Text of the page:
The disposition of Lt General Butler's III Corps over its 16 kilometres of front was in line with the policy of stronger on the left, weaker on the right.
When they had taken over this sector of the line from the French they had been assured that the Oise valley would form an obstacle to the Germans but this turned out not to be the case as it was almost dry.
58th Division had two of its brigades south of the river and the 173rd to the north. On the left of the 173rd was the 18th Division and these two formations (a total of four brigades) were covering almost three quarters of the Corps front. Opposite them von Hutier had assembled three divisions.
Von Hutier distributed his resources in mirror fashion to Butler and thus opposite the short northern sector held by Butler's 14th (Light) Division von Hutier massed a further four divisions.
Just after 0600 hours German infantry advanced along the northern banks of the Canal de l'Oise against 173rd Brigade whose four kilometre front line was held by one battalion: the 2/2nd London Regiment.
The Londoners fought doggedly throughout the day and although some positions were taken with the aid of tanks (The Germans used four of their own and five captured Mk Vs on the 21st March) others were still fighting on the evening of the 22nd when they were forced to surrender having being cut off and run out of ammunition.
A similar story developed across the front of the 18th Division where the 7th Buffs, 7th Royal West Kent and 8th Royal Berkshire Regiments were in the front line. The fog had allowed the Germans to get in and around many of the defensive positions which they then attacked from the rear. The British Forward Zone beat off many of the attacks and once swamped by numbers many of the small garrisons managed to fight their way out and rejoined the Battle Zone.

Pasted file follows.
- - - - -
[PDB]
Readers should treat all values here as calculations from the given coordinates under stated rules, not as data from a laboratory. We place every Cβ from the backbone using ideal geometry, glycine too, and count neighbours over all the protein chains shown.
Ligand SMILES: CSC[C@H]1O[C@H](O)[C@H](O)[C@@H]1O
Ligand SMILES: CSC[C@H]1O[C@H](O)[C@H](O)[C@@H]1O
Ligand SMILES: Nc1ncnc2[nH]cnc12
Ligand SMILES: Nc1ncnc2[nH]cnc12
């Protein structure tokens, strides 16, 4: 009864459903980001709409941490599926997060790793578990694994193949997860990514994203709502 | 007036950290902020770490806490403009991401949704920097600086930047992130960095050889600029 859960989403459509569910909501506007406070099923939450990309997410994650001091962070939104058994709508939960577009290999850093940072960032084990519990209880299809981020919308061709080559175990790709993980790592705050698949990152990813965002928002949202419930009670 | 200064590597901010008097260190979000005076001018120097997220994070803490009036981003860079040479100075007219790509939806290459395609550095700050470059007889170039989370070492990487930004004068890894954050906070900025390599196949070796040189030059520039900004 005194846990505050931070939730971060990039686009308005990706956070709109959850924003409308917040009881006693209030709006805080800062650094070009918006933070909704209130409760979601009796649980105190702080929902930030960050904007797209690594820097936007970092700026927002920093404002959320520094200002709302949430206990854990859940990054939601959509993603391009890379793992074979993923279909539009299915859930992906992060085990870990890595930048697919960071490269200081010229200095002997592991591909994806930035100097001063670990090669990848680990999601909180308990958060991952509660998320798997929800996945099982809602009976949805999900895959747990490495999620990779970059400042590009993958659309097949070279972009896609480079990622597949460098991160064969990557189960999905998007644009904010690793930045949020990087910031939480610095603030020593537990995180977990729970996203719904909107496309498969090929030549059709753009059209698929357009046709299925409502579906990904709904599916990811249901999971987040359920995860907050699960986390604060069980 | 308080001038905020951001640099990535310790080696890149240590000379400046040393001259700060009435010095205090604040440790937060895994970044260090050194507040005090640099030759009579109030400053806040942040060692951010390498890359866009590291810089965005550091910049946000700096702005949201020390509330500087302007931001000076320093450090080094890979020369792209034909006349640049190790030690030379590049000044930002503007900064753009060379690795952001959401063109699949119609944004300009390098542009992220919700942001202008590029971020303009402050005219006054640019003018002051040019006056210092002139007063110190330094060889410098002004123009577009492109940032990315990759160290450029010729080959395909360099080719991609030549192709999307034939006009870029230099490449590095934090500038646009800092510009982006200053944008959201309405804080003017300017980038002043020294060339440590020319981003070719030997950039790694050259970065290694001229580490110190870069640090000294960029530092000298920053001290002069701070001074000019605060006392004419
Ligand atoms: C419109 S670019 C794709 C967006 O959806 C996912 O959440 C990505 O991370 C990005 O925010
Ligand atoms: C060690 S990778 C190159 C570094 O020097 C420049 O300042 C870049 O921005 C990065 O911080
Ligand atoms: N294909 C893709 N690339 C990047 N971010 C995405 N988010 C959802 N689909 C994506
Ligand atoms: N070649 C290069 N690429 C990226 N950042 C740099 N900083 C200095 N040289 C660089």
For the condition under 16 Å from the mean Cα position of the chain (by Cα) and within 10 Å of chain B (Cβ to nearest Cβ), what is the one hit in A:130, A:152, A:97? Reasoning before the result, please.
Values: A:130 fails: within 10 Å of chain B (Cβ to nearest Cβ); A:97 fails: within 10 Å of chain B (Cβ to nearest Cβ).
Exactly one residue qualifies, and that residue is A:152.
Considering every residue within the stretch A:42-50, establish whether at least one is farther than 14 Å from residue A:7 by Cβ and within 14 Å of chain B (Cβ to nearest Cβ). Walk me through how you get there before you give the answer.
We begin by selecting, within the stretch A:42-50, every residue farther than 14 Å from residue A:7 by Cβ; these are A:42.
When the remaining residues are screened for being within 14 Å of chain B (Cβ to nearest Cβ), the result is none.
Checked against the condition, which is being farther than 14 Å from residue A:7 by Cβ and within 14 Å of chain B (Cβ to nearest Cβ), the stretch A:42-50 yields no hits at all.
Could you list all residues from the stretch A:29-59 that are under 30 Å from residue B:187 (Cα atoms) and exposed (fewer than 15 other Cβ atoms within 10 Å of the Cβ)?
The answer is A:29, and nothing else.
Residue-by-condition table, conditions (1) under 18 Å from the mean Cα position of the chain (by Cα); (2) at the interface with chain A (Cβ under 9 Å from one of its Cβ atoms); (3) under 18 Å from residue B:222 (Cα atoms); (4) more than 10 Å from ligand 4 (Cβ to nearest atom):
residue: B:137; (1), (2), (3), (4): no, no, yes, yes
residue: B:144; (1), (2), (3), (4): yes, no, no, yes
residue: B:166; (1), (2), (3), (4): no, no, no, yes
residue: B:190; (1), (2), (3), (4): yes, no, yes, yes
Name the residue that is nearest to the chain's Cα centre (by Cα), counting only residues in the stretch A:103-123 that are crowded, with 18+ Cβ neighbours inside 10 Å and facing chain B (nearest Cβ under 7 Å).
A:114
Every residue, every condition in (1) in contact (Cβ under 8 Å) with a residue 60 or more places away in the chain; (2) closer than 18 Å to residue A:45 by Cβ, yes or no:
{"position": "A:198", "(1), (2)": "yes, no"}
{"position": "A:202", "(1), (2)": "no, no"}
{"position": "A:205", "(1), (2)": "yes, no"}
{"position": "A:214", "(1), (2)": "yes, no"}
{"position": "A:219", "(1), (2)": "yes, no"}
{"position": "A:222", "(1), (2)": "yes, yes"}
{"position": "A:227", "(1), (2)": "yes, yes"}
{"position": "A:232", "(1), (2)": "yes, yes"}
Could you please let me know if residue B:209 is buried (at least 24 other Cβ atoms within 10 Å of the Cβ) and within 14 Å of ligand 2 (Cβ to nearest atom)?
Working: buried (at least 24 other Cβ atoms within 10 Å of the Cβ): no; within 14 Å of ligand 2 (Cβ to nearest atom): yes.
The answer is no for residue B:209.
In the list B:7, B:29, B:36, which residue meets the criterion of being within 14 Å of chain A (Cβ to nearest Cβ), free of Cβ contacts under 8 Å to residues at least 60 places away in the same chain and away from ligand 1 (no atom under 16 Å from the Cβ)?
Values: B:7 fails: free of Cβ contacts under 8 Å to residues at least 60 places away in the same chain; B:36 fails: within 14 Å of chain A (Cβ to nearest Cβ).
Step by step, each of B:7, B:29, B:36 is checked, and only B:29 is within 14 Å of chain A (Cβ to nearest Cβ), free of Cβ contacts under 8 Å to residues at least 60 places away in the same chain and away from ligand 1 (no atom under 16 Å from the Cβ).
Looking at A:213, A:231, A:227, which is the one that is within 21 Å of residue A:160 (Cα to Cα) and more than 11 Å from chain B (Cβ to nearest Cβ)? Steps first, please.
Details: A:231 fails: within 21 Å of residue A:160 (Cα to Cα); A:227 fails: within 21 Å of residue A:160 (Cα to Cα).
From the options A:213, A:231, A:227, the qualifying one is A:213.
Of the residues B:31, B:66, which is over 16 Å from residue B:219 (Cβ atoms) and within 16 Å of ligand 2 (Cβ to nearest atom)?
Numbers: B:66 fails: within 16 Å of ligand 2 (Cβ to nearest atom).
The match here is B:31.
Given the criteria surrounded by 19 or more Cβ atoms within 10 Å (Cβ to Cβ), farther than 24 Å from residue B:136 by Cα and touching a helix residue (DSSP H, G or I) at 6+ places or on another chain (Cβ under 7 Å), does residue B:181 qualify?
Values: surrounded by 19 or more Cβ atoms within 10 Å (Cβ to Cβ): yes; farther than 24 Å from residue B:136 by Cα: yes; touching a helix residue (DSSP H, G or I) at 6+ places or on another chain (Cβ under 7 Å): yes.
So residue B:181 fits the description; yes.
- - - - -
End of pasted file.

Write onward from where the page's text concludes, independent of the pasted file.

All along its short front the 14th Division were situated in an area that offered little in the way of natural defence and had dug a standard trench system occupied by three battalions in the forward line.
This disposition had caused some concern to their northern neighbours the 36th (Ulster) Division in XVIII Corps who felt that, deployed in this fashion as opposed to in depth, made their southern flank vulnerable.
The 14th Division were holding the high ground overlooking the valley of the Somme in which the 36th were situated. If the high ground around Essigny fell, the 36th's position would become precarious.
Following the bombardment the four German divisions advanced through the fog against the 14th Division taking the front line almost immediately as the Germans penetrated the area with ease.
Within a couple of hours the Battle Zone had been engaged and Urvillers had been cut off.
At Urvillers the 8th Bn KRRC held out until 1600 hours but the breach in the British lines had been made.
By mid afternoon the 7th Bn Rifle Brigade (A battalion its should be noted and not a real brigade) at Essigny le Grand had been forced to retire and the right flank of the Ulstermen was seriously at risk of being turned.
That evening General Gough decided that it would be necessary for III Corps to retire on the Crozat Canal which would force the 36th Division to pull back to the St Quentin Canal.